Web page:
Shimano SLX double crankset review: A lightweight workhorse
Tucked quietly in between XT and Deore component groups, Shimano’s SLX doesn’t seem designed to attract attention. Nicely made and handsome, it doesn’t necessarily stand out on a bike. Which is a shame- because right there in plain sight are hiding some of the gems of Shimano’s line.
Case in point? The SLX crankset. Hollow forged from aluminum, the FC-M675 wide-range double costs $60 less than the XT and manages to shift nearly as well while weighing 4g less. As an added bonus, the arms’ XTR-inspired machined faces will wear better once heel rub takes hold. Hit the jump to find out even more reasons why the SLX crankset is the pick of the litter…
As much as we want to give Shimano the benefit of the doubt on their gearing combinations, some of us still struggle with their wide-range doubles. While the 26-38 doubles do provide a wide range of gearing–said to be especially suitable for 29ers–the sweet spot for most riding seems to lie at the top end of the 26 and the bottom of the 38. Rather than sitting in a triple’s middle ring for 90% of a given ride, the combination forces much more front shifting than would be necessary with a 34-36t big ring. Racers won’t mind pushing a taller gear, but trail riders may want to consider the FC-M670 triple. Setting ratio preferences aside, it is awfully hard to fault the Shimano rings’ shifting performance.
Stiffness is more than adequate under normal riding conditions: it would take a big rider or exceptionally stiff frame/wheel combination for the SLX cranks to be the weakest link. Even on a wide-bar’d carbon fiber singlespeed, the Shimanos impart no noticeable flex.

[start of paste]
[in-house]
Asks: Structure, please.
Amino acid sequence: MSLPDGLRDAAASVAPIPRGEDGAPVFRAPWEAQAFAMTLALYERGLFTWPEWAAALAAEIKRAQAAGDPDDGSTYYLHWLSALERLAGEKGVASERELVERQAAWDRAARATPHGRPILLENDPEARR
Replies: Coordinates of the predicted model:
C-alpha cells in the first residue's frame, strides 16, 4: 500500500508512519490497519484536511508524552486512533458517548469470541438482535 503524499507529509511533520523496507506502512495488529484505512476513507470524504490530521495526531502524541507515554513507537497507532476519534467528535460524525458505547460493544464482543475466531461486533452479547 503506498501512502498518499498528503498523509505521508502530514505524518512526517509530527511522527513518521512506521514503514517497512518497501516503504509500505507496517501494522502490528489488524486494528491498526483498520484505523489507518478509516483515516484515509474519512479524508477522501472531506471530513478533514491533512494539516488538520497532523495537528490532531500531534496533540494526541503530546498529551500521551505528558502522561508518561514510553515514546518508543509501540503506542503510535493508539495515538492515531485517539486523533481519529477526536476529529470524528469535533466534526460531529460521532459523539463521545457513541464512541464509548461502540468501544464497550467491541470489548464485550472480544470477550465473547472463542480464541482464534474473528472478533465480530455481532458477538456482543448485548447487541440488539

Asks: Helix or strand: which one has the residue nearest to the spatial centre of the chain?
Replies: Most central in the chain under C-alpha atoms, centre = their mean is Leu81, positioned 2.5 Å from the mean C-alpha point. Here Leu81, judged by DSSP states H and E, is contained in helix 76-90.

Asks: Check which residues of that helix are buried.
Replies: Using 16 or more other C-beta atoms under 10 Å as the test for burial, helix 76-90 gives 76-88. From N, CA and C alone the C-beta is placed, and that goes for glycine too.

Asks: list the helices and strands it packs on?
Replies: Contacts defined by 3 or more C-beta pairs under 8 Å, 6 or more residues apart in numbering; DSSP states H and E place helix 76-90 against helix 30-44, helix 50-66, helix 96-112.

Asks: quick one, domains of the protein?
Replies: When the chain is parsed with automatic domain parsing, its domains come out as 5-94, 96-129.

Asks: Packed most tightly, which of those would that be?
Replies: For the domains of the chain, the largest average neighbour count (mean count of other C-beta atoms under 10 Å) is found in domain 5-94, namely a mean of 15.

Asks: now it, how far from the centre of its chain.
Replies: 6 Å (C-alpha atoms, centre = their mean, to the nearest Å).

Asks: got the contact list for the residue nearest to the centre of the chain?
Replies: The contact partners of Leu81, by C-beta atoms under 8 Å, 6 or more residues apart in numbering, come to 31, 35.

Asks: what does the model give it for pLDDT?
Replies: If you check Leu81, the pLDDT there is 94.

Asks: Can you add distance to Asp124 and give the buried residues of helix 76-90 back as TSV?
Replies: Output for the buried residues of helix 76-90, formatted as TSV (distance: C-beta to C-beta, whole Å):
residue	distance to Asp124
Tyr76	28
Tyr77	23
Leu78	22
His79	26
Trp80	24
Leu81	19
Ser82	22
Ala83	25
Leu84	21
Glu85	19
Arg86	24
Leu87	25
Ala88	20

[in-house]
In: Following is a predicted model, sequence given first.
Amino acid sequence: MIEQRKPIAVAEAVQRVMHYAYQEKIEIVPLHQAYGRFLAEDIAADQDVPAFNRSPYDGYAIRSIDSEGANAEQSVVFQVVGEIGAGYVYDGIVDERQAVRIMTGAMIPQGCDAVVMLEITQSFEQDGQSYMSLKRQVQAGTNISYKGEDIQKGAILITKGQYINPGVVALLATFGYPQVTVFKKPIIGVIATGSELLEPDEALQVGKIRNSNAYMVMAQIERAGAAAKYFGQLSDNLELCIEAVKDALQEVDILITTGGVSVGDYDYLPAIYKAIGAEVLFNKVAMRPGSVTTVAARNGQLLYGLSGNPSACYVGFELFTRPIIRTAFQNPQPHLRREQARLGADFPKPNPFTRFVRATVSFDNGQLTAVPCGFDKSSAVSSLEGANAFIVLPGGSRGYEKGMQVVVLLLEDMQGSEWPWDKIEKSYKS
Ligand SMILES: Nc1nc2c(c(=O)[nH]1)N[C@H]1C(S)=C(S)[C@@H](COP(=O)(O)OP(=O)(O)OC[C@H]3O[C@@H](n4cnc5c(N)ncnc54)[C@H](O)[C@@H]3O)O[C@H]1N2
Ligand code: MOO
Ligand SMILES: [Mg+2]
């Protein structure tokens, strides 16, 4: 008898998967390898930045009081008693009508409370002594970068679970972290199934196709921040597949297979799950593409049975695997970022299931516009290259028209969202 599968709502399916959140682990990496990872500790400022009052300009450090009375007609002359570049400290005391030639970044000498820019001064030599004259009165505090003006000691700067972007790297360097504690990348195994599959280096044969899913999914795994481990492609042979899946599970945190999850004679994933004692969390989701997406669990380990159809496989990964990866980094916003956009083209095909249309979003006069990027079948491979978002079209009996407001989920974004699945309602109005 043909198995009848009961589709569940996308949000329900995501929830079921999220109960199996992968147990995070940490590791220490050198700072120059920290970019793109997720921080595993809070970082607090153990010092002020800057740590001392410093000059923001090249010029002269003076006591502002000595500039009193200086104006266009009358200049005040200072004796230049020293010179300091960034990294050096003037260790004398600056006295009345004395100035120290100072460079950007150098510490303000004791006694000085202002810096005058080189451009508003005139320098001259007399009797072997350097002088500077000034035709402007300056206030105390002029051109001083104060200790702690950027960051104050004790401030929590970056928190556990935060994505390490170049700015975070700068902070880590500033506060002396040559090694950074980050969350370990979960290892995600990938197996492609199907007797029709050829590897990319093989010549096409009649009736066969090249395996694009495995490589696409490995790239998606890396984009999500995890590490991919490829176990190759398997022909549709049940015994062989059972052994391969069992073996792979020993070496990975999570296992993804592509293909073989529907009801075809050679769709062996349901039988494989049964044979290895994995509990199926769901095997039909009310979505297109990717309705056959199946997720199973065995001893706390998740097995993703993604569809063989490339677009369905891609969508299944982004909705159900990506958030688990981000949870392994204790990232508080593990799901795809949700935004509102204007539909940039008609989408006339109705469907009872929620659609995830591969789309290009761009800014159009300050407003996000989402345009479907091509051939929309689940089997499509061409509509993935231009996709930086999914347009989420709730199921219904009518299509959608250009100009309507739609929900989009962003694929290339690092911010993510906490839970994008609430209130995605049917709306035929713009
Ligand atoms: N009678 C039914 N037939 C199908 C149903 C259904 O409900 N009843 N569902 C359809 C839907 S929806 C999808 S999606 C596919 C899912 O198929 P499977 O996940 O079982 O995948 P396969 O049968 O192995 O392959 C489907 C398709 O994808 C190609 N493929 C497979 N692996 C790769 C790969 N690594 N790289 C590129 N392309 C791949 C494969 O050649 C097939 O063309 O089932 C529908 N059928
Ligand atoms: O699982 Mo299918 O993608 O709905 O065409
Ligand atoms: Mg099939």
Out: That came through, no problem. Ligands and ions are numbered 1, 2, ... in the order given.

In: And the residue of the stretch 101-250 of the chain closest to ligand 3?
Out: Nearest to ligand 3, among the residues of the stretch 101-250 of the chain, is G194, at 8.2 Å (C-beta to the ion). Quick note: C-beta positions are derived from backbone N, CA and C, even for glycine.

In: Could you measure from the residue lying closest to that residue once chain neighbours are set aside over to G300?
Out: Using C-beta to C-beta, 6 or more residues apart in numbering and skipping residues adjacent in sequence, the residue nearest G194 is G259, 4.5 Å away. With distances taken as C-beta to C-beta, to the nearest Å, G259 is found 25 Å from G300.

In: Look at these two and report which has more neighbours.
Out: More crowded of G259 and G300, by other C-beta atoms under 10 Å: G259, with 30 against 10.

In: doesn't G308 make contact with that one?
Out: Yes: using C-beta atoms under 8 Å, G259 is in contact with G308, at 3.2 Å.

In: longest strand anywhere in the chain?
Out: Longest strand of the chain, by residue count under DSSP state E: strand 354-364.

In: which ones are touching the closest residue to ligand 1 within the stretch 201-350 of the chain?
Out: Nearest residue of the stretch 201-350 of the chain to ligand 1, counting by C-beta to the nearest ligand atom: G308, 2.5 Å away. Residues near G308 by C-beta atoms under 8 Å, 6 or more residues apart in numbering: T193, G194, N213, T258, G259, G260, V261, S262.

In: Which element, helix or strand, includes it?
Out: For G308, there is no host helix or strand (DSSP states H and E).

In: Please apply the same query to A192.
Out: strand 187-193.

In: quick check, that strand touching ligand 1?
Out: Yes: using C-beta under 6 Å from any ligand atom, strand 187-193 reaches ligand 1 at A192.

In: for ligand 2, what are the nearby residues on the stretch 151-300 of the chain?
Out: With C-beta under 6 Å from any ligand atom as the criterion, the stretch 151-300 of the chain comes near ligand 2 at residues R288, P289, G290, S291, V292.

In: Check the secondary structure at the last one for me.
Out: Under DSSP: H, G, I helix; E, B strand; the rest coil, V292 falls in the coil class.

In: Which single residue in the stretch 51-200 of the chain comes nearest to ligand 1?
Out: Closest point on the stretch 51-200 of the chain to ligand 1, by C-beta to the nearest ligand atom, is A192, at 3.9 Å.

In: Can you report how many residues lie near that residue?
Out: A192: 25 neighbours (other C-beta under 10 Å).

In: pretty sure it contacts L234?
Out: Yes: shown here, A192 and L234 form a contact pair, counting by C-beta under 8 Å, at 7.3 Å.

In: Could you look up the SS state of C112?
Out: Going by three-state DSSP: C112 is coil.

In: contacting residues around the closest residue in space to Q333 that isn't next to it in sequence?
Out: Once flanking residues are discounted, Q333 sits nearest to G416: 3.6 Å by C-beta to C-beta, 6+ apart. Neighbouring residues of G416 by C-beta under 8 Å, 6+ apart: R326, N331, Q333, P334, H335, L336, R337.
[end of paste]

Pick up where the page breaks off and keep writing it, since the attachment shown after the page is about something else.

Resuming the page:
Given the fact that the SLX’s chainrings are (at least visually) heftier than the XT double’s, found ourselves wondering if SLXs’ weight would compare even better once rings were removed. Also because we thought that double’s tidy spider would look clean with a single ring, we pulled the FSA SL-K crankset off of our Project 1.2 singlespeed and the chainrings off both- and were surprised to find only a 5g weight difference.
That’s right: Shimano’s mid-range aluminum cranks are every bit as light as some carbon fiber models.
So with SLX, Shimano have a forged aluminum crankset that is handsome, competitively priced, shifts with the best, and is weight-competitive with considerably pricier models. The English and PF92 bottom brackets may not be as free-running as some competitors’- but they do seem to last considerably longer. It’s hard to see the price/performance ratio getting any better than this: the FC-M670 and -M675 are the smart shopper’s pick.